I had written this about a week ago, in my pathetic attempts to be "current" and link the current news o' the larger world to perspectives on the smaller literary community I pretend I'm a member of. To wit, I just ended a sentence with "of." And I was too busy to actually publish this when it had more than three iotas of cultural relevance. Naturally.
It is not without some irony that one of the top Google searches to turn up both "LeBron James" and "Saul Bellow" are a news page with Bellow's obituary coupled with an item regarding James' desire to be a billionaire.
As Mr. James takes his act from the cold warrens of Cleveland to South Beach, and Cavaliers fans are burning his jersey in effigy, the literary world takes little notice. Perhaps we should, as this episode reminded me of nothing save for Saul Bellow.
You must obviously see the connection.
Mr. Bellow, a Canadian, Quebec-born–Quebec, that not-so-somber province–and who went at things as he taught himself, free-style, and made himself one of the preeminent American novelists of the 20th Century. A genius, author of one of my favorite novels, and a Nobel Prize winner.
Mr. James, an American, Akron-born–that extremely somber city–and who has also gone at things as he taught himself, free-style, and has fashioned himself one of the world's great professional basketball players (though whether that office is one worth occupying is debatable). An amazing athlete, not one of my favorites, and two-time NBA MVP.
See how they're connected, don't you?
OK, let's start from the start. For those of you currently living in a tree or without any connection to the wider world, LeBron James left the Cavaliers to play for something called the Miami "Heat." Any objective reader can see the mistake in this, for while you can envision a Cavalier, a "Heat" is beggars the imagination. How does a "Heat" dribble, pass or shoot? Is it a bonfire with arms? A female dog at that time of the month? A crappy movie?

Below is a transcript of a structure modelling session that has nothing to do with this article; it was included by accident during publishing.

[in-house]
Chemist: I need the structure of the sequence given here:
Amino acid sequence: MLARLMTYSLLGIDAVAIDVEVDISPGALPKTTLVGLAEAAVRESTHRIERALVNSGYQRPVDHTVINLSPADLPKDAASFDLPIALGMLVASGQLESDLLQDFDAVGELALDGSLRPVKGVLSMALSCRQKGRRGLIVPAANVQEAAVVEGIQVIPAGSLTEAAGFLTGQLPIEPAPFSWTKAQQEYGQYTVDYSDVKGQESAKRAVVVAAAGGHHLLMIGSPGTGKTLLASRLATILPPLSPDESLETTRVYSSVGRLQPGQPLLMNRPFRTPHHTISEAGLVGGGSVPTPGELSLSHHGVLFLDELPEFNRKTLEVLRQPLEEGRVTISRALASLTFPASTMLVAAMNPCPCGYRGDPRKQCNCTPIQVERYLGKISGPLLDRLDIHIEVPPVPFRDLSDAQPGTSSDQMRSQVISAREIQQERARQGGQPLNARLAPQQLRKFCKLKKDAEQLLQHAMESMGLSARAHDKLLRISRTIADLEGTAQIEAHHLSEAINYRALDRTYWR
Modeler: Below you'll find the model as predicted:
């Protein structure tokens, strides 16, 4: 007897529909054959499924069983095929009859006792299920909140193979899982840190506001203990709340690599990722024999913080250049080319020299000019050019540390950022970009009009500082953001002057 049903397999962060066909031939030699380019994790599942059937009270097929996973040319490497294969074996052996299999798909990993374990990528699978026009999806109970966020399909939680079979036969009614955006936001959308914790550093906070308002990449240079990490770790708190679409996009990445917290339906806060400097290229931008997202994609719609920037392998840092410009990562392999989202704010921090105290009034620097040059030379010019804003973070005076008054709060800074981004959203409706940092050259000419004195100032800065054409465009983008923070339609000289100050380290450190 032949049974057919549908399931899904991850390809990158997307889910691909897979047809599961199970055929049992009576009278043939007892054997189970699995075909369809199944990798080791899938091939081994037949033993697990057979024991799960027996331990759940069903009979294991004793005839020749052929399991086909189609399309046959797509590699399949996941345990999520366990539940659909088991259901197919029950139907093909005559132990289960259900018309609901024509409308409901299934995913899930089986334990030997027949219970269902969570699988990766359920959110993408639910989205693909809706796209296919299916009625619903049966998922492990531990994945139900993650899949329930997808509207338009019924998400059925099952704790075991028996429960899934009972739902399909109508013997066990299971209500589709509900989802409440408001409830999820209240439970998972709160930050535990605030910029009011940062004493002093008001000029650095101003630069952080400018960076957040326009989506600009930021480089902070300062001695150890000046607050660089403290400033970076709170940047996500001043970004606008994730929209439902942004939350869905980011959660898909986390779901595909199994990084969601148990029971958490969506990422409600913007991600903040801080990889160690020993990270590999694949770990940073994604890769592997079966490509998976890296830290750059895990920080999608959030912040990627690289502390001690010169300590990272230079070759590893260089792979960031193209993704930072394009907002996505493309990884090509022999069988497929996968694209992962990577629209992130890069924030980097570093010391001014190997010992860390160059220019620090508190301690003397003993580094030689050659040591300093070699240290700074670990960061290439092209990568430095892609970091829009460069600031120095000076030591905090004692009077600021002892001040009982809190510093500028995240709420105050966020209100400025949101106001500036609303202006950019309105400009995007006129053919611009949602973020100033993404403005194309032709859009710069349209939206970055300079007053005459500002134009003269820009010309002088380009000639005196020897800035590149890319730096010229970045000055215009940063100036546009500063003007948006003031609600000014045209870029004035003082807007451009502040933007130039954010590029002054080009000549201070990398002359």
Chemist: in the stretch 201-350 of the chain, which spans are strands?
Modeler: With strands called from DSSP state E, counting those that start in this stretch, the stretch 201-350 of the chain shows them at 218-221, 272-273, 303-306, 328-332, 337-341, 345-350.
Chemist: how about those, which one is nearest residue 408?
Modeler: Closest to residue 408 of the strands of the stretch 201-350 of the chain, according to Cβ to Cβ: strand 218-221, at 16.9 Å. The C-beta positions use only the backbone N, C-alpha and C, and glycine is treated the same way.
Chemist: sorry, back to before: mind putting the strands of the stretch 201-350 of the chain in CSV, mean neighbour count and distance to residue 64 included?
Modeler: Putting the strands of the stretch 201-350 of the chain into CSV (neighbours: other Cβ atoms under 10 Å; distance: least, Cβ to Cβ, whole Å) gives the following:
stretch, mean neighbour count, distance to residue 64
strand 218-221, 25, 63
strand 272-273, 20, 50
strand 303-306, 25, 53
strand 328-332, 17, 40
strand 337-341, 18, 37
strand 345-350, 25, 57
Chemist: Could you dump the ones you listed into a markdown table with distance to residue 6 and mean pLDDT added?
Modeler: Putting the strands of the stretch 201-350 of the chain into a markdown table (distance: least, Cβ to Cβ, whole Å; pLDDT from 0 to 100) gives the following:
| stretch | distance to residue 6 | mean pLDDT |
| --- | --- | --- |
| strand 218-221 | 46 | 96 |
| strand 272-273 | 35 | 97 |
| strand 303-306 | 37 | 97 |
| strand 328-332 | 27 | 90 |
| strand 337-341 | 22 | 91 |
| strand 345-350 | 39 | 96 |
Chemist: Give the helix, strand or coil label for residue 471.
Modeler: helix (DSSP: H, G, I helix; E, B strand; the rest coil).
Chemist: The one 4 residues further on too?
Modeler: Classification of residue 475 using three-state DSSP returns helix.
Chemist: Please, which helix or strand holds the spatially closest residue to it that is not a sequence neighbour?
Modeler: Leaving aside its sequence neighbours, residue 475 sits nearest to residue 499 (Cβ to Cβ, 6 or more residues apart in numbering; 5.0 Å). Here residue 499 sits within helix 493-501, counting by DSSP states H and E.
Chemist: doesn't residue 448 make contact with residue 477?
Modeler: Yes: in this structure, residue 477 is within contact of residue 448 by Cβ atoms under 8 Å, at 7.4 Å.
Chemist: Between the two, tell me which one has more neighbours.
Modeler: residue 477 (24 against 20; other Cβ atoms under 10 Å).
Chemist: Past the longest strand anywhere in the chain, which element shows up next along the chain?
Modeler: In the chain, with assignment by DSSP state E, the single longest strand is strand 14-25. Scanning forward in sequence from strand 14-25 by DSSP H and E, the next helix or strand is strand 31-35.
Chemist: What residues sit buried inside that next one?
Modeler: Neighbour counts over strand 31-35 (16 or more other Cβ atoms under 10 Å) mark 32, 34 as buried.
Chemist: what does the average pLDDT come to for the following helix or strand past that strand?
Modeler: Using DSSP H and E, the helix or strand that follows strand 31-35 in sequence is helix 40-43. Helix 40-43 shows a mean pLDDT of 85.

You can say, "I'm a Celtic" or "I'm a Sooner" or such, but will anyone ever say, "I'm a Heat"? (Or "I'm a Magic," for that matter?)
I'm a Heat! Douse me with a fire extinguisher, damnit!
The opprobrium aside, I could not give a flip about where or for whom anybody chooses to ply his or her profession, and the nation writ large could show show the same passion about for jobs being sent abroad as Clevelanders had for LeBron leaving, perhaps we would still consider Ohio's largest city a bustling metropolis instead of The Mistake on the Lake.
What James did that was less-than-savory, according to people who write about these things, was that he took what should have been a routine (ok, not "routine") job change and turned into a media circus worthy of Lindsey Lohan, except lacking the interesting bits.
To his credit, James was forthright about his narcissism, and apparently did not leave Cleveland because he dislikes the town or that the Rock and Roll Hall of Fame is located there, while anybody with more than six brain cells knows it should be in Memphis.
Yet Saul Bellow did a similar thing in 1993–he decamped the University of Chicago, his long-time employer and base, for Boston University.
James: Witness this
James: Witness this
I remember reading an interview when it all went down. The thing that struck me, and reminded me of this LeBron James foolishness, was that Bellow basically said he was leaving Chicago because it wasn't literary enough. While ostensibly leaving because he was "tired of passing all the houses of my dead friends," he bemoaned the fact people in his adopted hometown did not recognize him: here he was, already a Nobel laureate, and yet when he ventured around Hyde Park to a 7-11 or perhaps to the North Side to hang out at Kingston Mines or Buddy Guy's, people didn't say, "Hey, it's Saul Bellow, the brilliant, amazing, award-winning novelist!" but instead, "What's this old guy doing at a blues club?"
I have written enough times about Saul Bellow to make it obvious that I have a love-hate relationship with him: I love his work but am not the greatest fan of his personal behavior. And I am not in a position to judge anyone's motives for leaving one university employer to another.
But even that he would admit that he was miffed that he wasn't famous enough in Chicago was jolting. It just shows that no matter how brilliant of mind an artist may be, it offers no protection against rot of the soul. Not that I would know about being brilliant.